Over the past decade, membership in the Society for Neuroscience has surged by almost 50 percent to 37,500. Researchers are probing the brain with increasingly powerful tools, including superfast magnetic resonance imagers and microelectrodes that can detect the murmurs of individual brain cells. Nevertheless, the flood of data stemming from this research has failed so far to yield truly effective therapies for schizophrenia, depression, and other disorders, or a truly persuasive explanation of how brains make minds. "We're still in the tinkering stage, preparadigm and pretheoretical," says V.S. Ramachandran of the University of California at San Diego. "We're still at the same stage physics was in the 19th century."
The postmodern perspective applies all too well to fields that attempt to explain us to ourselves. Theories of the mind never really die; they just go in and out of fashion. One astonishingly persistent theory is psychoanalysis, which Sigmund Freud invented a century ago. "Freud . . . captivates us even now," Newsweek proclaimed just last March. Freud's ideas have persisted not because they have been scientifically confirmed but because a century's worth of research has not produced a paradigm powerful enough to render psychoanalysis obsolete once and for all. Freudians cannot point to unambiguous evidence of their paradigm's superiority, but neither can proponents of more modern paradigms, whether behaviorism, evolutionary psychology, or psychopharmacology.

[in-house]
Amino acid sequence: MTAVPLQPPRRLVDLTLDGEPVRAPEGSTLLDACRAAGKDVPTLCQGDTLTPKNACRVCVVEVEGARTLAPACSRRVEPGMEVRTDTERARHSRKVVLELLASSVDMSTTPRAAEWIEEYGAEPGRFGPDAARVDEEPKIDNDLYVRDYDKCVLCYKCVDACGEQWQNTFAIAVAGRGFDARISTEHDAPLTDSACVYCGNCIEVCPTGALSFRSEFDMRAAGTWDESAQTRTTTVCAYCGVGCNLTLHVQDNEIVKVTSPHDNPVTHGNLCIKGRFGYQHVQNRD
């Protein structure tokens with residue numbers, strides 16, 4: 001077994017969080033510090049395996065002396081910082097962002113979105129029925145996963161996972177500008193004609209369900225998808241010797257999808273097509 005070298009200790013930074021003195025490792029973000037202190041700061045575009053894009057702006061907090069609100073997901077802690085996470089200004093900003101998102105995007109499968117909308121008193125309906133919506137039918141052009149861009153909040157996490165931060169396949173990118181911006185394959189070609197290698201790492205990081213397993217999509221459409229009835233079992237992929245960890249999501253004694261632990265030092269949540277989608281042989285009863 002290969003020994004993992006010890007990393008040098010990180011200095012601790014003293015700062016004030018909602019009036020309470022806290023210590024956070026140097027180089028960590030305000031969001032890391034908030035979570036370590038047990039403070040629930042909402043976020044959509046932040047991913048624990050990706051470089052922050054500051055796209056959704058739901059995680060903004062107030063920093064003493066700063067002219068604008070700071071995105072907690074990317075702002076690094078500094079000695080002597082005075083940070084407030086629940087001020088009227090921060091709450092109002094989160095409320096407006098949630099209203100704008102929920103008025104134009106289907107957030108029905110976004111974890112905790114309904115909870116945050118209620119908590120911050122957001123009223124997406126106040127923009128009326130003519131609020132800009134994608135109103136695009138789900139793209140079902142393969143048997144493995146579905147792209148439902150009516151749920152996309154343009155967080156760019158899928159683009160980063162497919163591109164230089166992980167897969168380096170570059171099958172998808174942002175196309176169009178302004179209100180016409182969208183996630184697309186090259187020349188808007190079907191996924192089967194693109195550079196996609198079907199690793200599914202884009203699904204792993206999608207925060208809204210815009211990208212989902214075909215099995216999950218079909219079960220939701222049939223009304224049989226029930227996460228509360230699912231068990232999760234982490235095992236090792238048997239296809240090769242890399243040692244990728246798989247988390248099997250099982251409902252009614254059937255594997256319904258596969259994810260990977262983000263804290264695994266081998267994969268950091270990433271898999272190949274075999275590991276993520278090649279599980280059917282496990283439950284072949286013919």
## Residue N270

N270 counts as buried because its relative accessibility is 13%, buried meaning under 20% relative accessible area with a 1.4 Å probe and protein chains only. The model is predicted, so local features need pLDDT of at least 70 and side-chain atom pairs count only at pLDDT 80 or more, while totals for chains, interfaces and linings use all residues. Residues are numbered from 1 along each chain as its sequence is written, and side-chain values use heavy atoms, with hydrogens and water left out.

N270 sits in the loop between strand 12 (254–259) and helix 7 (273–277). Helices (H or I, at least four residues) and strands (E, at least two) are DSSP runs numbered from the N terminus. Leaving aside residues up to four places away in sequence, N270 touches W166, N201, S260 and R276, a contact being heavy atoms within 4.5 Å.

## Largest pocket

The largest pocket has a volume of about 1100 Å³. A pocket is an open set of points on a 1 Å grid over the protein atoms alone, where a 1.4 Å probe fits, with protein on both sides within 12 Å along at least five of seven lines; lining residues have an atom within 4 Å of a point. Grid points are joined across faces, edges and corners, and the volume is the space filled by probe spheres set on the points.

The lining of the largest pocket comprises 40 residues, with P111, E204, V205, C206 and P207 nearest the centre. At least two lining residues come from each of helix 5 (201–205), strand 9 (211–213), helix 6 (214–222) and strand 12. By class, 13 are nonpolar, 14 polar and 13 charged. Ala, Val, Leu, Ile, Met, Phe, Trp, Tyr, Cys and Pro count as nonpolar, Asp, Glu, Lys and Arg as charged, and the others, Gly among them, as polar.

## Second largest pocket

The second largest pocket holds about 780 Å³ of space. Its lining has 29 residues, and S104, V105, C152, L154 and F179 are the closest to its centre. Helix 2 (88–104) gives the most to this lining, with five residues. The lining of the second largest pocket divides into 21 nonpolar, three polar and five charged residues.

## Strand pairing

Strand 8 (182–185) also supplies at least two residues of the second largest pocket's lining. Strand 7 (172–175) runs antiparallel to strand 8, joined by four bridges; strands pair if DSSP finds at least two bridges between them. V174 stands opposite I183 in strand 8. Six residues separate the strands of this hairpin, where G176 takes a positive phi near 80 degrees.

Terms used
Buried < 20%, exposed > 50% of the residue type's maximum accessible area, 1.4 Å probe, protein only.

Science's best hope for understanding the mind is to crack the neural code. Analogous to the software of a computer, the neural code is the set of rules or syntax that transforms the electrical pulses emitted by brain cells into perceptions, memories, and decisions. The neural code could yield insights into such ancient philosophical conundrums as the mind-body problem and the riddle of free will. In principle, a solution to the neural code could give us enormous power over our psyches, because we could monitor and manipulate brain cells with exquisite precision by speaking to them in their own language.
But Christof Koch of Caltech warns that the neural code may never be totally deciphered. After all, each brain is unique, and each brain keeps changing in response to new experiences, forming new synaptic connections between neurons and even—contrary to received wisdom a decade ago—growing new neurons. This mutability (or "plasticity," to use neuroscientists' preferred term) immensely complicates the search for a unified theory of the brain and mind. "It is very unlikely that the neural code will be anything as simple and as universal as the genetic code," Koch says.